Since today [Christmas] all the shows are closed, except the Ombres Chinoises in the Palais Royal, we went there, but couldn’t bear it for more than a quarter of an hour. I expected to find this little spectacle at the peak of its perfection, but I was mistaken. The paintings were very gaudy and bad, the little figures stiff and graceless, and even the threads used to pull their arms and legs were visible.
Among the scenes depicted was one in which a Russian woman complained to her girlfriend that her husband no longer loved her, since he hadn’t beaten her for three days, at which the husband appeared, begged for forgiveness, and excused himself on the grounds that he had left his stick somewhere, but had just found it, and, at last, as proof of his contrition, let loose on the woman.
“Typically German!” said someone behind us. Dear God, I thought for my part, typical French ignorance, which still believes in the old fairy tale that Russian woman prefer to be beaten than kissed by their husbands.
The orchestra consisted of a boy, who drummed on a dulcimer 7. The hall was very small and lowly, crammed full with people, the air suffocating. We drew a deep breath when we got to the door.
In technical terms, this appears to be simple shadow puppetry. Some key timeline moments:
- Huygens’ use, perhaps in the 1650s, of a projector described by Kircher with a local light source and for entertainment.
- Such a device was shown and commercialised for the elite in Western Europe by Walgensten in the 1660s.
- Leibniz’s thoughts on marionette shadow puppetry in the 1670s.
- Common(ly understood) and applied by the mid-18th century – for example, Guyot’s Nouvelles récréations physiques et mathématiques was immediately translated into English and German on publication in 1769.
- A realisation mid-century – which I haven’t seen discussed, then or now – that the exploitation of projectors to enable the use of marionettes instead of humans in shadow plays (rather as actors were replaced by marionettes in the Italian commedia repertoire in the same period) enabled a substantial reduction in operating costs.
Who might Séraphin have imitated? Loughridge has a candidate:
In London, the ombres chinoises made their debut in 1776 under the auspices of Ambroise, an Italian (born Ambrogio) who had likely encountered Séraphin’s show in France the previous year.[Altick, The Shows of London] The same showman, now going by the name Ambrosio Sanquirico, brought the ombres chinoises to Germany in 1779, where he advertised his “never before seen here LES OMBRES CHINOISES.” 8 By the 1780s, other traveling showmen too performed “ombres chinoises” throughout Germany.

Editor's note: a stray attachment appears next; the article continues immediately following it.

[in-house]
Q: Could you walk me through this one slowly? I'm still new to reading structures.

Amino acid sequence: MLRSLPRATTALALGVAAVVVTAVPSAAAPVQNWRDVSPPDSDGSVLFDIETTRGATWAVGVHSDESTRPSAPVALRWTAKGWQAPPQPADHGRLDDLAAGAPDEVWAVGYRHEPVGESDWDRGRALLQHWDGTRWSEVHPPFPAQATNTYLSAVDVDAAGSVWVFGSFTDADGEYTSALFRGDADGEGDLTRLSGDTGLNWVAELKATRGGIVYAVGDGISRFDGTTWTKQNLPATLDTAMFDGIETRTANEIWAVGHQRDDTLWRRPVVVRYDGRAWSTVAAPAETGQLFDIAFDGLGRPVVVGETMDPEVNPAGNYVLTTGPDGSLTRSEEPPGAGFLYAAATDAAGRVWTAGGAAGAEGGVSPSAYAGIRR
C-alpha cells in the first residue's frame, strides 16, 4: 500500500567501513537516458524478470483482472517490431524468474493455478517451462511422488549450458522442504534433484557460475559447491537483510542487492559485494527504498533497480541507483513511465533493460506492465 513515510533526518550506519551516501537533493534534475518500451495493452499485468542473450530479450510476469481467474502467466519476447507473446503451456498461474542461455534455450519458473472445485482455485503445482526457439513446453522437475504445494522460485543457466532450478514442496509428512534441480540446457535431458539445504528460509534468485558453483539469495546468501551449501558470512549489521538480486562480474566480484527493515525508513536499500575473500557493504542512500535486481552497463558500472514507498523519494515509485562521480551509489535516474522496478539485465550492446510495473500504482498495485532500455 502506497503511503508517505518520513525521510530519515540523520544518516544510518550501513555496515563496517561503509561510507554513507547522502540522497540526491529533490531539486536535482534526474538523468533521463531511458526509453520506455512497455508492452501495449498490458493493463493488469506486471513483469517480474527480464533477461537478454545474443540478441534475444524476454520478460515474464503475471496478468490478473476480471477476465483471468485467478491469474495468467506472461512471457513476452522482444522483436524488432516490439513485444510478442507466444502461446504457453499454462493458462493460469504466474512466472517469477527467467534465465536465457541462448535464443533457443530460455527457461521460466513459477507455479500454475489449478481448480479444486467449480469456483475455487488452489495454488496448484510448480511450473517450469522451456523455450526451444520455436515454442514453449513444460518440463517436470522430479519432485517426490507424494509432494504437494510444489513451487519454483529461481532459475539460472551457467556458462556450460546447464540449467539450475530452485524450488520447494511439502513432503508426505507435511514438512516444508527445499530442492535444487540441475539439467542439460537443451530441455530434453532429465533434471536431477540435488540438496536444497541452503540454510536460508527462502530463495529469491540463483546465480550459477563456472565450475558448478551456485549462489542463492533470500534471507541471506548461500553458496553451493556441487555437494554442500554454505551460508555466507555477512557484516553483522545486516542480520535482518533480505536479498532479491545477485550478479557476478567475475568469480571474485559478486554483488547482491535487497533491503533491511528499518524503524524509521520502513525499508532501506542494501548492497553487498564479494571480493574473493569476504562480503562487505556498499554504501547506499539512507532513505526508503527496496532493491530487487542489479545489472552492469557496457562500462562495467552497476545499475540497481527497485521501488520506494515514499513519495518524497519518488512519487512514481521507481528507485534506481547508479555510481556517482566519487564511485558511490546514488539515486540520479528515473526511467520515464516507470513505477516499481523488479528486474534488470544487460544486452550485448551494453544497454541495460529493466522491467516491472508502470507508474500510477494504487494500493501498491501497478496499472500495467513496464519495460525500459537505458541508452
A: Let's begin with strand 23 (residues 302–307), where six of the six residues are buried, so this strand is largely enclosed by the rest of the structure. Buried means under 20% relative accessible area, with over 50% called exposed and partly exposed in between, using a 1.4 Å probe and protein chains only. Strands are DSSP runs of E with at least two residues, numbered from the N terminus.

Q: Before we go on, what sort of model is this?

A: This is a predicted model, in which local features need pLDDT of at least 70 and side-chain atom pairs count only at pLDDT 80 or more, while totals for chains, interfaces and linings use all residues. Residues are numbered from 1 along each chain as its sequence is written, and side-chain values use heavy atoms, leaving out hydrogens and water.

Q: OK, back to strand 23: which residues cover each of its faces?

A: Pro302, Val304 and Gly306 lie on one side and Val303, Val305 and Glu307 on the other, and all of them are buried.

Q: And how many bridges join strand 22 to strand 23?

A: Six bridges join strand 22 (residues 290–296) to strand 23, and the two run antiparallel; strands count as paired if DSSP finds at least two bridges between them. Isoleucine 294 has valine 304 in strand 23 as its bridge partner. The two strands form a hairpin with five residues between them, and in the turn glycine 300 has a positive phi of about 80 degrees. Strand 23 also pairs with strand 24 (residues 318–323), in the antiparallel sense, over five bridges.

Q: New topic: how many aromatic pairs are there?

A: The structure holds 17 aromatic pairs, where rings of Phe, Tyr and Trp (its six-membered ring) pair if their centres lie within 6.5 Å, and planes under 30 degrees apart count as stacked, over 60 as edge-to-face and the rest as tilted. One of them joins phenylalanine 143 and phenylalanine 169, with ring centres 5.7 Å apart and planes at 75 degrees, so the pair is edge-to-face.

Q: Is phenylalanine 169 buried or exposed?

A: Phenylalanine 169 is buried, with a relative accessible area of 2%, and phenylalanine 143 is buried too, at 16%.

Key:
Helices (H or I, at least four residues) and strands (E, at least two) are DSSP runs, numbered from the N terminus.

The Czech Theatre Encyclopaedia has more on Sanquirico, none of which I have fisked:
- He was originally a painter, but no relationship to the contemporary Milanese painter and set designer Alessandro Sanquirico has been demonstrated, let alone to Giorgio de Chirico.
- In autumn 1776 he showed Chinese shadows in Petersburg to acclaim.
- In autumn 1777 he appeared in Prague with a Chinese shadow show, which he had allegedly shown to the royals of France, Britain and Russia.
- Some of this appears to have been automated, but my Czech fails me. 9
- His 1779 shadow theatre shows in Nuremberg (this is the playbill cited by Loughridge; he also visited Braunschweig in 1779) featured banditry, Spanish daggers, a compassionate enchantress, animals from the four continents of the world, and “beautiful dances” that even a “living person would not naturally perform.”
- He posed for official purposes as a scientific investigator but actually focused on foreign freakery and comedy – which Feu Séraphin‘s descriptions of repertoire suggest was also Séraphin’s line.
Séraphin may also have seen a nominally Germanic Alsatian called Loutherbourg (bios) who revolutionised the mechanics of London theatre for David Garrick in the 1770s and in 1781 launched his masterpiece, the Eidophusikon:
Described by the Public Advertiser as “various imitations of Natural Phenomena, represented by moving pictures,” it was the fruit, Philippe claimed, of twenty years of experiment (Altick, Shows 119, 121).  Inside his Leicester Square house he’d built an opulent miniature theatre-cum-art salon. Here, for a fee of five shillings, around 130 fashionable spectators sat in comfort to watch a series of moving scenes projected within a giant peephole aperture, eight feet by six feet. The darkened auditorium combined with skilful use of concealed and concentrated light sources, coloured silk filters, clockwork automata, winding backscreens and illuminated transparencies created a uniquely illusionist environment.  Audiences watched five landscapes in action. Dawn crept over the Thames at Greenwich; the noonday sun scorched the port of Tangier; a crimson sunset flushed over the Bay of Naples; a tropical moon rose over the wine-dark waters of the Mediterranean; and a torrential storm wrecked a ship somewhere off the Atlantic coast. Between scenes, painted transparencies served as curtain drops, and Mr and Mrs Michael Arne entertained the audience with violin music and song. (Iain McCalman, The Virtual Infernal: Philippe de Loutherbourg, William Beckford and the Spectacle of the Sublime (2007))
Was Séraphin celebrated under Louis XVI because the rest of French popular theatre at that stage was pretty backward?